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Tuesday, April 11, 2017

Interesting Links 4/11/2017

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Saturday, April 08, 2017

2017 Downbeat Magazine Critic's Poll Ballot

Hall of Fame: Sam Rivers, Thomas Chapin, John Zorn
Jazz Artist: Ivo Perelman, Ken Vandermark, John Zorn
Rising Star Jazz Artist: Kris Davis, Mary Halvorson, Jon Irabagon
Album of the Year: Cortex - Live in New York (Clean Feed), DKV/Thing Trio - Collider (NotTwo Records), Jon Lundbom and Big Five Chord - 2016:EPs (Hot Cup, 2016)
Historical Album of the Year: Peter Kuhn - No Coming, No Going: The Music of Peter Kuhn 1978-1979 (No Business), David S. Ware and Matthew Shipp Duo - Live in Sant'Anna Arresi 2004 (AUM Fidelity); Sun Ra, Singles: The Definitive 45s Collection Vol. 1, 1952–1961 (Strut)
Jazz Group: Mostly Other People Do the Killing, The Bad Plus, The Thing
Rising Star Jazz Group: LUME, Cortex, Made to Break
Big Band: Paal Nilssen-Love Large Unit, Angles 9, Matt Lavelle's 12 Houses
Rising Star Big Band: Mary Halvorson Octet, Audio One, Oliver Lake Big Band
Trumpet: Rob Mazurek, Charles Tolliver, Wadada Leo Smith
Rising Star Trumpet: Ron Horton, Ralph Alessi, Jonathan Finlayson
Trombone: Steve Swell, Jeb Bishop, Grachan Moncour III
Rising Star Trombone: Michael Vlatkovich, Jose Davila, Jeff Albert
Soprano Saxophone: Sam Newsome, Vinny Golia, Branford Marsalis
Rising Star Soprano Saxophone: Phillip Johnston, Nat Birchall, Jon Irabagon
Alto Saxophone: Rudresh Mahanthappa, Steve Lehman, Oliver Lake
Rising Star Alto Saxophone: Anna Hogberg, Andrew D’Angelo, John O’Gallagher
Tenor Saxophone: Ivo Perelman, Jon Irabagon, Branford Marsalis
Rising Star Tenor Saxophone: Brian Patneaude; Nat Birchall, Keefe Jackson
Baritone Saxophone: Mats Gustaffson, James Carter; Gary Smulyan
Rising Star Baritone Saxophone: Dave Rempis; Gebhard Ullman, Michael Attias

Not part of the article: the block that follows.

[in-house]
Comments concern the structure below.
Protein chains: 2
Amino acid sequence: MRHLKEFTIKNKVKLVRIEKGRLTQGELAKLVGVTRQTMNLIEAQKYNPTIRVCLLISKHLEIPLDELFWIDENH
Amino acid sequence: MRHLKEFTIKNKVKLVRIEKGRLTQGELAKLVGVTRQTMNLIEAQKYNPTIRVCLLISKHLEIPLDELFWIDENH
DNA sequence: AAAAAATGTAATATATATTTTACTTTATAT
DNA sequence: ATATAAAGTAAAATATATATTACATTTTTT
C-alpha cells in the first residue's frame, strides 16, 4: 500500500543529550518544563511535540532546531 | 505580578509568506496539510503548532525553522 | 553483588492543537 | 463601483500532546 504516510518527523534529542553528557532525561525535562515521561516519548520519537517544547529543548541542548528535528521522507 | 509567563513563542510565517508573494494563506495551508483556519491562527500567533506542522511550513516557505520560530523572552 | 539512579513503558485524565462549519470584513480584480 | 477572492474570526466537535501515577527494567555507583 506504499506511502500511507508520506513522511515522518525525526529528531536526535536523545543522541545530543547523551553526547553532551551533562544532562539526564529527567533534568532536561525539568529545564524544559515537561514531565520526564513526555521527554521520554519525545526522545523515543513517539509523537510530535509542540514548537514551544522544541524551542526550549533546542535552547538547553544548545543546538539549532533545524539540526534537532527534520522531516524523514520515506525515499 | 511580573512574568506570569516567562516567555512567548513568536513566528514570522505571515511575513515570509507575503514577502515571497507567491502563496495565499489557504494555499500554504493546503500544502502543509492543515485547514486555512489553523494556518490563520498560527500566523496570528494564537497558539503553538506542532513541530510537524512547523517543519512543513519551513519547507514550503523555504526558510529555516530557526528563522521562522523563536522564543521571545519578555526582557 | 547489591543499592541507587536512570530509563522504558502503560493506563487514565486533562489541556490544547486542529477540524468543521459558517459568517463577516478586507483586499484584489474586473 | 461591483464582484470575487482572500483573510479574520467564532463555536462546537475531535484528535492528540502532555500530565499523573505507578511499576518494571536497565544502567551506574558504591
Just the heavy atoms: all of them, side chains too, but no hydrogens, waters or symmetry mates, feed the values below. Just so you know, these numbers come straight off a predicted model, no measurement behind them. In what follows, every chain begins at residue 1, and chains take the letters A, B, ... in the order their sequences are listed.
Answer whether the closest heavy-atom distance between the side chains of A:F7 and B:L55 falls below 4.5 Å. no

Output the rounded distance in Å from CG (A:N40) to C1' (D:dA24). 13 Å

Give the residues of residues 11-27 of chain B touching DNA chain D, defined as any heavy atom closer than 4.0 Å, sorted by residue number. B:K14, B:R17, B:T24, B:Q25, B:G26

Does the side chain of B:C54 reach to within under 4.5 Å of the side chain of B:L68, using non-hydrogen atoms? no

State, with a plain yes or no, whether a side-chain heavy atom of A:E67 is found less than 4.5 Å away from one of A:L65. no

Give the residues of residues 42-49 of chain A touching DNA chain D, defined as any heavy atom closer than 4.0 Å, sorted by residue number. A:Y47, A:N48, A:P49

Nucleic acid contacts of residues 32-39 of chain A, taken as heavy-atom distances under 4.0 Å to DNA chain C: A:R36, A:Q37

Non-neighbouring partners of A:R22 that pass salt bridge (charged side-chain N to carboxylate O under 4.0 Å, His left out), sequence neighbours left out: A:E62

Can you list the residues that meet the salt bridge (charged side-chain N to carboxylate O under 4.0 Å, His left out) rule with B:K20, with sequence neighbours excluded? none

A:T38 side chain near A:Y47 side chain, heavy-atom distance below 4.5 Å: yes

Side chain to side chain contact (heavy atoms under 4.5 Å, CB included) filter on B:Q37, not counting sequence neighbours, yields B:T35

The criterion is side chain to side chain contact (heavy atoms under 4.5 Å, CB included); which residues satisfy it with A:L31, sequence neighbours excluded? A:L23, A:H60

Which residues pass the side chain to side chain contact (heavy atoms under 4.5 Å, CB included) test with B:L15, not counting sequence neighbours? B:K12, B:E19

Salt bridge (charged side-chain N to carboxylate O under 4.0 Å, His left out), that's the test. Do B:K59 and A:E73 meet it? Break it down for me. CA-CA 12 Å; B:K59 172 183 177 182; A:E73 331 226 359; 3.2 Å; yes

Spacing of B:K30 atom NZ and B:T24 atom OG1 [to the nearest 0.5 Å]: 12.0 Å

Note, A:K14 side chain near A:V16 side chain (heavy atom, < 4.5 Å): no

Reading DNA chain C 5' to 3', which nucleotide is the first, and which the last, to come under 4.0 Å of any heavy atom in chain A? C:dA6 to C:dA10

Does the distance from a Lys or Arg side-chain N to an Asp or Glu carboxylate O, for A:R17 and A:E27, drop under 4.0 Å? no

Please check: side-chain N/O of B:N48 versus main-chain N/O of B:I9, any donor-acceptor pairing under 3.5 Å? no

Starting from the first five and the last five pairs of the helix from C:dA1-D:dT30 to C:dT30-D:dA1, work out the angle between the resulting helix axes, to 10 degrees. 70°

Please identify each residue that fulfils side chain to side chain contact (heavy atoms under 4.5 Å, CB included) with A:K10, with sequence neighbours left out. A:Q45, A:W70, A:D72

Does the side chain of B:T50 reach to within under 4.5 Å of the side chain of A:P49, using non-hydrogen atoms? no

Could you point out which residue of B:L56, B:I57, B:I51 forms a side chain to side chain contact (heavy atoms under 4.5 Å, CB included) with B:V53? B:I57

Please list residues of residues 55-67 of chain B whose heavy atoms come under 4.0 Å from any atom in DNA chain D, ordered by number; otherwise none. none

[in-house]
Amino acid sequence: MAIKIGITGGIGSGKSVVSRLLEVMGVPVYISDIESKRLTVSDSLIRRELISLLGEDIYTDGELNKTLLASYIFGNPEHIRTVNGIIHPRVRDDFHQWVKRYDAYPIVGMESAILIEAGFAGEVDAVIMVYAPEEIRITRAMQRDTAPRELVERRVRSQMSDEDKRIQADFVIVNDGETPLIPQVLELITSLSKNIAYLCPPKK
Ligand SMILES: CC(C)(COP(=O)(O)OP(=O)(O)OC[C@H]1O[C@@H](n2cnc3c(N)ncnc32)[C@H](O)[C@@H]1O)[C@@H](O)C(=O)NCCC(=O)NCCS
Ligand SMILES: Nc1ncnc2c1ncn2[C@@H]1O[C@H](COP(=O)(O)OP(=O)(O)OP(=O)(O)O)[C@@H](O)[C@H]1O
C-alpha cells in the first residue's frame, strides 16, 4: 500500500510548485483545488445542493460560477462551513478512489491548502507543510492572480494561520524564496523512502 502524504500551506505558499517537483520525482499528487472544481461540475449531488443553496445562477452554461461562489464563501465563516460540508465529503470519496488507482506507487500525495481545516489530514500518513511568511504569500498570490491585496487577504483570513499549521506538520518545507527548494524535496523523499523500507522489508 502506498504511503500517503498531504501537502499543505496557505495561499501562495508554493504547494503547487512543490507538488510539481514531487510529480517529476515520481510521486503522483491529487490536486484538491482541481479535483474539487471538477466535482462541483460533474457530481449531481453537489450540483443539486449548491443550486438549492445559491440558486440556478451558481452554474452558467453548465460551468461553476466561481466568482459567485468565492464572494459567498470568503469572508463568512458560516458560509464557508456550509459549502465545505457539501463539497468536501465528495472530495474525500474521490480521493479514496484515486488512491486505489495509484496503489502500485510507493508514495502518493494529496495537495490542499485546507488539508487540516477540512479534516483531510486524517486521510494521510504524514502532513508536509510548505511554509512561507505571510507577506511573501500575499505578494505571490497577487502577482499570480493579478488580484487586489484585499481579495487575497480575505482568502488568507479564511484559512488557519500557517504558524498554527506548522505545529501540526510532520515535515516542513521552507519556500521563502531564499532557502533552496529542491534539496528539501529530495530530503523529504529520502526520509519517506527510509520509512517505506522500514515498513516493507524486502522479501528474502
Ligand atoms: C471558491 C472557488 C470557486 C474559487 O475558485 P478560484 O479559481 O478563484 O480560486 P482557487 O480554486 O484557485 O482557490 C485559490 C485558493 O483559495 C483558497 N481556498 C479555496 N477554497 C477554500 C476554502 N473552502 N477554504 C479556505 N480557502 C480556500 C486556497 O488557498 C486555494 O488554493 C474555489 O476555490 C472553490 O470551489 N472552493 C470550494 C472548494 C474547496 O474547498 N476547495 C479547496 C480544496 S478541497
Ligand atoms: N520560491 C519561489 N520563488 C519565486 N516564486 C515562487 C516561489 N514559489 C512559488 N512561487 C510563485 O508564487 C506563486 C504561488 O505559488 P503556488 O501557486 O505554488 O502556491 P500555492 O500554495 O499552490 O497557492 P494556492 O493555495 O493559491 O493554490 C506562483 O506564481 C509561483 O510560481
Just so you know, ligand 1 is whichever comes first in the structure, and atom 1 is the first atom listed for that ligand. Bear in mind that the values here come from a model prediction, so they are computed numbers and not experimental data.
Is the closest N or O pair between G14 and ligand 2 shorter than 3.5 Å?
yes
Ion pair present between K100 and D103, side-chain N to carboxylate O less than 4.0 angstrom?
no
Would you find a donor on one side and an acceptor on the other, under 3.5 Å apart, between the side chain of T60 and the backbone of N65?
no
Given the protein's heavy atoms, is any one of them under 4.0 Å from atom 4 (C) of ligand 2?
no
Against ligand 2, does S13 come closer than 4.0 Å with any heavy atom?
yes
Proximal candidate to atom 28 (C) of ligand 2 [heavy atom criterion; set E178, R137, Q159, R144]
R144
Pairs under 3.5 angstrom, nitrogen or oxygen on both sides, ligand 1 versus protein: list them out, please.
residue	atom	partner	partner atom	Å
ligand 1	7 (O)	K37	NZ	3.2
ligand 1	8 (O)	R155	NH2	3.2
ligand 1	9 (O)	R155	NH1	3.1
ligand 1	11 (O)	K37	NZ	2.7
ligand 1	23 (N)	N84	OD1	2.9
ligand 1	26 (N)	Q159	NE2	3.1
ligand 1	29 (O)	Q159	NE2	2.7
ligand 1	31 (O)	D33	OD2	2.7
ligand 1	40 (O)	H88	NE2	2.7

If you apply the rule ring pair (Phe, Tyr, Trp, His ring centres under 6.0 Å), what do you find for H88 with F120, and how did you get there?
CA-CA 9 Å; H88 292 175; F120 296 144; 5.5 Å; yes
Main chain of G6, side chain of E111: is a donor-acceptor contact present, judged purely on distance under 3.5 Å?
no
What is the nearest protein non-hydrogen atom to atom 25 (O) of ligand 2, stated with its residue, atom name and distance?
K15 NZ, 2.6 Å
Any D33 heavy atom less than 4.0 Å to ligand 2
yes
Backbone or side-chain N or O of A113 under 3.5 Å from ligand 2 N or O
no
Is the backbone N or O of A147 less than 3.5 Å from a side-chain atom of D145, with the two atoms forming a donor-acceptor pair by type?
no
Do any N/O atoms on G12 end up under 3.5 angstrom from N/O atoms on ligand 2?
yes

Clarinet: Ken Vandermark, Anat Cohen
Rising Star Clarinet: Peter Kuhn, Josh Stinton, Aram Shelton
Flute: Henry Threadgill, Nicole Nitchell, James Spaulding
Rising Star Flute: Kali Z. Fasteau, Andrew Lamb, Sabir Mateen
Piano: Matthew Shipp, Vijay Iyer, David Virelles
Rising Star Piano: Kris Davis, Matt Mitchell, Craig Taborn
Keyboard: Jamie Saft, Craig Taborn, Rob Mazurek
Rising Star Keyboard: Jason Linder, Thollem McDonas, David Virelles
Organ: John Medeski, Brian Charette, Gary Versace
Rising Star Organ: Larry Goldings, Jared Gold, Mike LeDonne
Guitar: Jon Lundbom, Rez Abbasi, Mary Halvorson
Rising Star Guitar: Matt Hollenberg, David Gilmore, Tom Hasslan
Bass: William Parker, Michael Bisio, Jon Hebert
Rising Star Bass: Moppa Eliott, Ingebrigt Håker Flaten, Lisa Mezzacappa
Electric Bass: Jamaaladeen Tacuma, Massimo Pupillo, Trevor Dunn
Rising Star Electric Bass: Bill Laswell: 5; Jasper Stadhouders: 3; Linda Oh
Violin: Jenny Scheinman, Mat Maneri, Mark Feldman
Rising Star Violin: Jeff Gautheir, Jessica Pavone, Rob Thomas
Drums: Hamid Drake, Paal Nilssen-Love, Tomas Fujiwara
Rising Star Drums: Ches Smith, Kevin Shea, Kenny Grohowski
Percussion: Cyro Baptista, Kahil El’Zabar, Susie Ibarra
Rising Star Percussion: Harris Eisenstadt, Chris Corsano, Michael Zerang
Vibraphone: Jason Adasiewicz, Kenny Wollesen, Matt Moran
Rising Star Vibraphone: Chris Dingman, Stefon Harris, Kevin Norton
Misc. Instrument: David Murray (bass clarinet), Ken Vandermark (bass clarinet),
Rising Star Misc. Instrument: Fred Lonberg-Holm (cello), Colin Stetson (bass saxophone), Ben Wendel (bassoon)
Female Jazz Singer: Leena Conquest, Linda Sharrock
Rising Star Female Jazz Singer: Jen Shyu
Male Jazz Singer: Mose Allison (RIP), Theo Bleckmann, James Blood Ulmer
Rising Star Male Jazz Singer: n/a
Composer: Henry Threadgill, John Zorn, Rob Mazurek
Rising Star Compser: Brian Patneaude, Florian Weber, Moppa Elliott
Arranger: Ken Vandermark, John Zorn, Ryan Truesdell
Rising Star Arranger: Ben Allison, Moppa Eliott, Harris Eisenstadt